Are Kids Curious?
In "The Hungry Mind," Susan Engel argues that schools can neglect curiosity.
Posted February 26, 2015
Review of The Hungry Mind: The Origins of Curiosity in Childhood. By Susan Engel. Harvard University Press. 220 pp. $35.
Young children deluge their parents—and others—with questions about the world around them. A recent study that followed four children from fourteen months old to five years and one month of age revealed that each individual on average asked 107 questions per hour. The kids sought permission to do something, clarification about ongoing activities and the whereabouts of other people, new information, and a deeper understanding of a phenomenon they observed.
By the time children are in school, however, expressions of curiosity are far less frequent. In a study conducted by Susan Engel, a senior lecturer in psychology at Williams College, episodes of curiosity—defined as questions, intent and directed gazing, and manipulating objects—occurred 2.36 times in a two hour stretch in kindergarten and 0.48 times in a fifth grade classroom.
In "The Hungry Mind," Engel draws on the latest social science research and incidents from her own life to understand why curiosity is nearly universal in babies, pervasive in early childhood, and less evident in school. Although most children learn more when their curiosity is piqued, she argues, “schools do not always, or even often, foster curiosity.”
Based on temperament and a secure attachment to a primary care giver, an early disposition to engage new objects, sights, sounds, and strange situations with enthusiasm and equanimity rather than anxiety and alarm, Engel notes, tends to become a stable characteristic that casts a long shadow. That said, she makes a compelling case that the cultivation of curiosity “rests in large part on the people and experiences that surround and shape a child’s daily life.”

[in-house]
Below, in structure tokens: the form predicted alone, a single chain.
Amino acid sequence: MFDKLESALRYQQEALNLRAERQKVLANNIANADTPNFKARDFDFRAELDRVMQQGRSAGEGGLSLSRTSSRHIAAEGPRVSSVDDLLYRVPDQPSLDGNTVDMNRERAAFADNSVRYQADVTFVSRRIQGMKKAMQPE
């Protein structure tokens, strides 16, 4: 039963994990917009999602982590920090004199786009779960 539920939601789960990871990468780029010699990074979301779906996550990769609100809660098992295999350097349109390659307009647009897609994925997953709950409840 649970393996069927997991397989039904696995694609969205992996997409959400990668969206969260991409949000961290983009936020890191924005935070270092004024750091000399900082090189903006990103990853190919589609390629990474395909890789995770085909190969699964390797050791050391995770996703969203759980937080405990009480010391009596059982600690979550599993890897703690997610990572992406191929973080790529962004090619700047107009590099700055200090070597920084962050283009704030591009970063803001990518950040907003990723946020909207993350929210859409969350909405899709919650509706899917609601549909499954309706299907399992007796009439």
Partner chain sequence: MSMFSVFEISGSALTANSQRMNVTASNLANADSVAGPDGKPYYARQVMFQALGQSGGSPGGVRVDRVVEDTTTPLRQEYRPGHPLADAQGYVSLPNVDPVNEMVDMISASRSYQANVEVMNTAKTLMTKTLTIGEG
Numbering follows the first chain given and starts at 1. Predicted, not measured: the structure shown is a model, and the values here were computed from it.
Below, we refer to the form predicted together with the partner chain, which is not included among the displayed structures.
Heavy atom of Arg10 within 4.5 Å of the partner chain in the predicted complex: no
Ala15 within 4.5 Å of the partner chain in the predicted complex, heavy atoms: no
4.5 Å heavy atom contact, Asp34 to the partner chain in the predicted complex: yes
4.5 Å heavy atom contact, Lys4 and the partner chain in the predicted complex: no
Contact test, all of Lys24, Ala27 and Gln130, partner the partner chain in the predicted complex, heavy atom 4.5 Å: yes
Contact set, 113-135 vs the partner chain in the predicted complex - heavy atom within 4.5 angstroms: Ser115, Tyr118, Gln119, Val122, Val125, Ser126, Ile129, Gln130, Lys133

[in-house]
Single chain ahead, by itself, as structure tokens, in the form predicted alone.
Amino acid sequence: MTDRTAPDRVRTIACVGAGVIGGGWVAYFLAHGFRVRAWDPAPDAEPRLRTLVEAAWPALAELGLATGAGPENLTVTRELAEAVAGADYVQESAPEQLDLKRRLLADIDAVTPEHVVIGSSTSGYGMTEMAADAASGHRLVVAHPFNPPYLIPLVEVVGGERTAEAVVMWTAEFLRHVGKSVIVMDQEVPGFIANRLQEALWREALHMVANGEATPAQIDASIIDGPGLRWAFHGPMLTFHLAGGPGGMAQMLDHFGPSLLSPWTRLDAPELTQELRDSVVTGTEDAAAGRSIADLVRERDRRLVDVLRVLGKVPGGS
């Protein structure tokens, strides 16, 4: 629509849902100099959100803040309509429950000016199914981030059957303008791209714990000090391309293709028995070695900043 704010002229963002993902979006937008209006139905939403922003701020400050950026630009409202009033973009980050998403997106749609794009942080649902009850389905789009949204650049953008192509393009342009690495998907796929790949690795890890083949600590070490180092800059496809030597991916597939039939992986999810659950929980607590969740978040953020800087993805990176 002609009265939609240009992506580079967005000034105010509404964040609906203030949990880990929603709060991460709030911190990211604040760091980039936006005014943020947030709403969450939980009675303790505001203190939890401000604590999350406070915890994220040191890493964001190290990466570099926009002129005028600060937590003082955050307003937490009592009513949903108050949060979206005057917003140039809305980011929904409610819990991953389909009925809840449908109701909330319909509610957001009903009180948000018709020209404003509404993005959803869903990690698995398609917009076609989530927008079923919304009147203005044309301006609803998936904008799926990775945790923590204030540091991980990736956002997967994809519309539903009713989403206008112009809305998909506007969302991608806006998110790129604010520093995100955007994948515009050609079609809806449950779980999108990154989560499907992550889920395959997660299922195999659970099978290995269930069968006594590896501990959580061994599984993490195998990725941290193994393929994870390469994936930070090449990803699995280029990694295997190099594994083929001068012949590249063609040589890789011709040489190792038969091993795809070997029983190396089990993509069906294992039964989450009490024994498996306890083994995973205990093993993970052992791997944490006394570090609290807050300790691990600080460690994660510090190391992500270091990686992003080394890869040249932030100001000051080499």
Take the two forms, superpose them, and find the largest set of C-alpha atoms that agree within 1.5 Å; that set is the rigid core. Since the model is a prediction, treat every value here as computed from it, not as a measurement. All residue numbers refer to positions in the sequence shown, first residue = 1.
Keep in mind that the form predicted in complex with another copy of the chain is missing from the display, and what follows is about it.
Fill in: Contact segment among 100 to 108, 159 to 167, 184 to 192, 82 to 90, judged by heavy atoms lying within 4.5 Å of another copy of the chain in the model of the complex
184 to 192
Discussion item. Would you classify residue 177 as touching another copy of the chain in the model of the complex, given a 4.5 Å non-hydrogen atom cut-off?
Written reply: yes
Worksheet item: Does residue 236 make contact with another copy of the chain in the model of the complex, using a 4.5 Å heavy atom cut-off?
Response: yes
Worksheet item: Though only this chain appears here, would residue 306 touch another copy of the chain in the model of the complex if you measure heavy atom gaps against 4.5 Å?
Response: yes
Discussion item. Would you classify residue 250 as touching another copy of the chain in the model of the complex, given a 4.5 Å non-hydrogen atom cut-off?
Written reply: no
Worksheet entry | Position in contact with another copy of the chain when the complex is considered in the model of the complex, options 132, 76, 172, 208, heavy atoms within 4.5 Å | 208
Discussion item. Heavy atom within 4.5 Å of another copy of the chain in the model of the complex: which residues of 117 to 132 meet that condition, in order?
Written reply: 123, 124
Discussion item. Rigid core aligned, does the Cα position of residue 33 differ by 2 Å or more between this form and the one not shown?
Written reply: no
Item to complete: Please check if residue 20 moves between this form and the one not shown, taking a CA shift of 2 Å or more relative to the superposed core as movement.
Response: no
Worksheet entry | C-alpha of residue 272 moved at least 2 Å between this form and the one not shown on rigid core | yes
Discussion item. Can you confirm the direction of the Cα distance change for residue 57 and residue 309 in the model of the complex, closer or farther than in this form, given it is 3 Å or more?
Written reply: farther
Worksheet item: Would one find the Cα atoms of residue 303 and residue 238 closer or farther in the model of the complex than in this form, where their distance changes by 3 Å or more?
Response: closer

Children are far more likely to ask questions and explore when they observe their parents doing so. Interaction with peers, Engel indicates, can beckon timid boys and girls into inquiry, or lead otherwise inquisitive kids into intellectual listlessness. Although she acknowledges that at their best autonomy and self-regulation go hand in hand, Engel emphasizes the salutary impact of unstructured “free time,” which provides space for self-guided activity, “false starts, consideration of new data, and new possibilities for inquiry.”
Engel’s most important finding is that most classroom environments discourage curiosity. She points out that teachers balk at giving students plenty of time to explore and ask questions because they are under pressure to make sure that children achieve learning goals “that are obvious, explicit, and measurable.” They are more comfortable teaching the skills and established facts in their lesson plans than inviting questions that are “irrelevant” or to which they don’t know the answer. Engel agrees that making learning objectives explicit can contribute to a more durable and enduring understanding of facts and concepts; she insists, however, that “some of the most important learning happens at an implicit level, and is discovered by children on their own.”
Engel struggles, not always successfully, to identify ways to alter the classroom environments. Her recommendations, however, are aimed at individual instructors and not at the structural context (including “teach to the test” expectations of principals, and parents) now firmly in place in American schools. To identify a salient dynamic that may be invisible, Engel suggests that teachers should audio record lessons, count and categorize the questions students ask, and be more open to “serendipity, the unexpected insight or accidental data.” They should give students plenty of time to explore problems, encourage them to use the Internet “to ask any question that occurs to them,” and make clear “that getting an answer is not the most important goal.” And principals should put curiosity at the top of their list of the attributes of good teachers.
Engel is surely right that curiosity should be cultivated. But these days, in schools throughout the United States, whether or not they have adopted “the common core,” getting the right answer is the most important goal. In an era that prizes quantifiable results, a pedagogy that privileges curiosity is not likely to be a priority.